January 21, 2009
Drs. Robert Pockalny and Lewis Abrams work together in the geophysics lab on the deck directly above the main lab. Their job is to figure out where we should go to get the data necessary to answer the question.
Long before we left on this trip, the scientists had already figured out where to sail. In December 2006 and January 2007, they had sailed together collecting data in the South Pacific Gyre. Upon their return, they analyzed their data and decided the next step: to find a place where they could determine the relationship between both surface chlorophyll and distance from land and the number of cells found in the sediment beneath the seafloor. They needed a place where there was high chlorophyll levels and where they could vary the distance from land. There were two places where this could happen: the Equatorial Pacific and the South Atlantic.
The South Atlantic is colder and has much rougher seas. Both factors make data collection more challenging. When the seas are rough, the surveys of the bottom are not as accurate and the deployment and recovery of the long core is more challenging.
So the Equatorial Pacific is a better site but it is a big place. The sites need to be in areas that have high chlorophyll, thick sediments, and away from mid-ocean ridges and other topographic highs. One other complication is Exclusive Economic Zones or territorial waters. No sampling can be done in the EEZ. Finally, one has to decide on a definition of land. How big should land be to be considered significant enough to affect the organisms living in the sediment? Using some geometry, order of magnitude thinking, and geography, the scientists settled on anything bigger 10,000 square kilometers.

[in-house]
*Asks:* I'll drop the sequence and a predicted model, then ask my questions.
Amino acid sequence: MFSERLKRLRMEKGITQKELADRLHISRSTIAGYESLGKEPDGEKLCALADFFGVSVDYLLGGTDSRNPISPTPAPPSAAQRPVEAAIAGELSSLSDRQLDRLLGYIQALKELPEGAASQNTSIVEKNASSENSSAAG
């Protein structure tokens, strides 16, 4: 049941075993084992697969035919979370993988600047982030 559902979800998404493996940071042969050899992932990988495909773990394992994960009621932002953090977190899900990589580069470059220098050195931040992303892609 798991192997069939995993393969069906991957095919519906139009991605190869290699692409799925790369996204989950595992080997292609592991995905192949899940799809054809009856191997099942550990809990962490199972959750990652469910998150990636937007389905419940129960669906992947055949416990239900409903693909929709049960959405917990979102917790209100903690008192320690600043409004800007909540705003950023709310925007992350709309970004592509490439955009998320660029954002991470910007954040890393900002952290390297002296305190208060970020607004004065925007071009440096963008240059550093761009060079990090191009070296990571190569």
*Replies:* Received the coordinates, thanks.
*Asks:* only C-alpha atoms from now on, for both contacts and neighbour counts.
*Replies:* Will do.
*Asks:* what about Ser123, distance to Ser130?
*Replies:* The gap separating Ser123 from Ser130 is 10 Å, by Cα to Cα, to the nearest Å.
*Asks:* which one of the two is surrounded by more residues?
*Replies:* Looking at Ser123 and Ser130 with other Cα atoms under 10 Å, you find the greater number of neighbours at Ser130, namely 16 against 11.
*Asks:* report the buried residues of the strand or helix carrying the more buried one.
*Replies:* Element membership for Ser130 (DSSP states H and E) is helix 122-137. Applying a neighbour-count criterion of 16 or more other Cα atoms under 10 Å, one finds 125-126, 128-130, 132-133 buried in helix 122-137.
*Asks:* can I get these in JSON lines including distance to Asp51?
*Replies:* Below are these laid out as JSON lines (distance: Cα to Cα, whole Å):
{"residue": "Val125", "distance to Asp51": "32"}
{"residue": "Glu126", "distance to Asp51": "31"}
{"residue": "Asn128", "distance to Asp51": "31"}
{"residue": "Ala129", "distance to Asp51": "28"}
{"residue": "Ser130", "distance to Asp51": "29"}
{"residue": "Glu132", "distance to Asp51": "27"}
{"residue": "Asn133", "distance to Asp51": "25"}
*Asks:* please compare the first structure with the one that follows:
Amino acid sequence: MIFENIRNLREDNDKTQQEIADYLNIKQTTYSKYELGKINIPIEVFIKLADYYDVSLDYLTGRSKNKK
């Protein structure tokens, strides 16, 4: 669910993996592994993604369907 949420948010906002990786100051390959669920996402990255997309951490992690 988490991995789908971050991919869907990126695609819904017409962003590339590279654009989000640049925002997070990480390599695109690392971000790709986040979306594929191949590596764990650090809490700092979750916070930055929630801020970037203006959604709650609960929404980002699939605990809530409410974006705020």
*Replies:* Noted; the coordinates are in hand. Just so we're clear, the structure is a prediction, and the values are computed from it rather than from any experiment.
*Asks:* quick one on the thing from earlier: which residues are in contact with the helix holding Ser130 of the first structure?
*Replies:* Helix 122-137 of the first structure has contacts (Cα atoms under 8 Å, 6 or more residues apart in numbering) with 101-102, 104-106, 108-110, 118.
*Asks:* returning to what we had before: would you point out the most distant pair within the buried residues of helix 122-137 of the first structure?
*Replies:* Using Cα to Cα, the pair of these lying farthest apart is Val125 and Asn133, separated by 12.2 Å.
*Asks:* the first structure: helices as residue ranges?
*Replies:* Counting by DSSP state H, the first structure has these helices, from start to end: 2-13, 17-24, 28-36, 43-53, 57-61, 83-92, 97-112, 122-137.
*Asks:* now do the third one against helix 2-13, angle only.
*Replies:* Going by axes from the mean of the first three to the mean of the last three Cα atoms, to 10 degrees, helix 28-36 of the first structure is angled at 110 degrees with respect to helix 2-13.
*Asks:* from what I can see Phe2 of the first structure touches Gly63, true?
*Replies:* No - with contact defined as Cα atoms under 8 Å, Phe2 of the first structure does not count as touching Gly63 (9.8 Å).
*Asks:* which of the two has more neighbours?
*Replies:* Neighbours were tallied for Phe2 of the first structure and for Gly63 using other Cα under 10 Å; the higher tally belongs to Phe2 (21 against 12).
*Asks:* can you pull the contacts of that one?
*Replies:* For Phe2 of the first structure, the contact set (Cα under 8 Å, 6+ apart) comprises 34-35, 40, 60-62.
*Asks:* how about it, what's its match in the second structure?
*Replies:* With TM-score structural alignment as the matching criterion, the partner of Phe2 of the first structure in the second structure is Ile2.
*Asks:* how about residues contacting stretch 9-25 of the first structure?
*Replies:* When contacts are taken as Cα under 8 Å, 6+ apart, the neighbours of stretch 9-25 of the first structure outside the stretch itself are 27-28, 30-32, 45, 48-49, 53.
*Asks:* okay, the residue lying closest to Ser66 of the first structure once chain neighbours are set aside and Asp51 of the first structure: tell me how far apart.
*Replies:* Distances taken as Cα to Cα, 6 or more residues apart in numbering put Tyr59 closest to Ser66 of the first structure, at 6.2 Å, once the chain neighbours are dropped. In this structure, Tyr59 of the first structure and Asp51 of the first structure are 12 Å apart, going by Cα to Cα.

When on site, Rob looks for normal topography (abyssal hills, not seamounts) with flat-topped hills using Multibeam SONAR. This technology consists of an array of transducers on the bottom of the ship. Transducers both emit and hear sound waves. The sound waves strike an area about 100 m wide and then bounce back up to the ship. Computers on board the ship create a digital image of the seafloor when the transducers receive the returning sound waves. These computers also integrate the movements of the ship to give the best possible picture.
Lew examines the sediments. There needs to be at least 50 meters of sediment and it needs to look like it fell out of the seawater like snow onto rough mountain topography. There should be layers visible in the seismic profile. For his work, Lew uses a lower frequency, higher amplitude sound wave (think P-wave) that not only bounces off the surface but also penetrates the sediment cover. Differences in sediment characteristics (compressibility and density) cause the returning sound wave to refract or bend. This refraction shows up in the seismic profiles that the ships computers generate.
What we end up with is a good image that maps out the topography of the seafloor and a profile of the sedimentary cover. Now, the coring mechanisms can be deployed and hopefully, we end up with mud at the surface.Questions: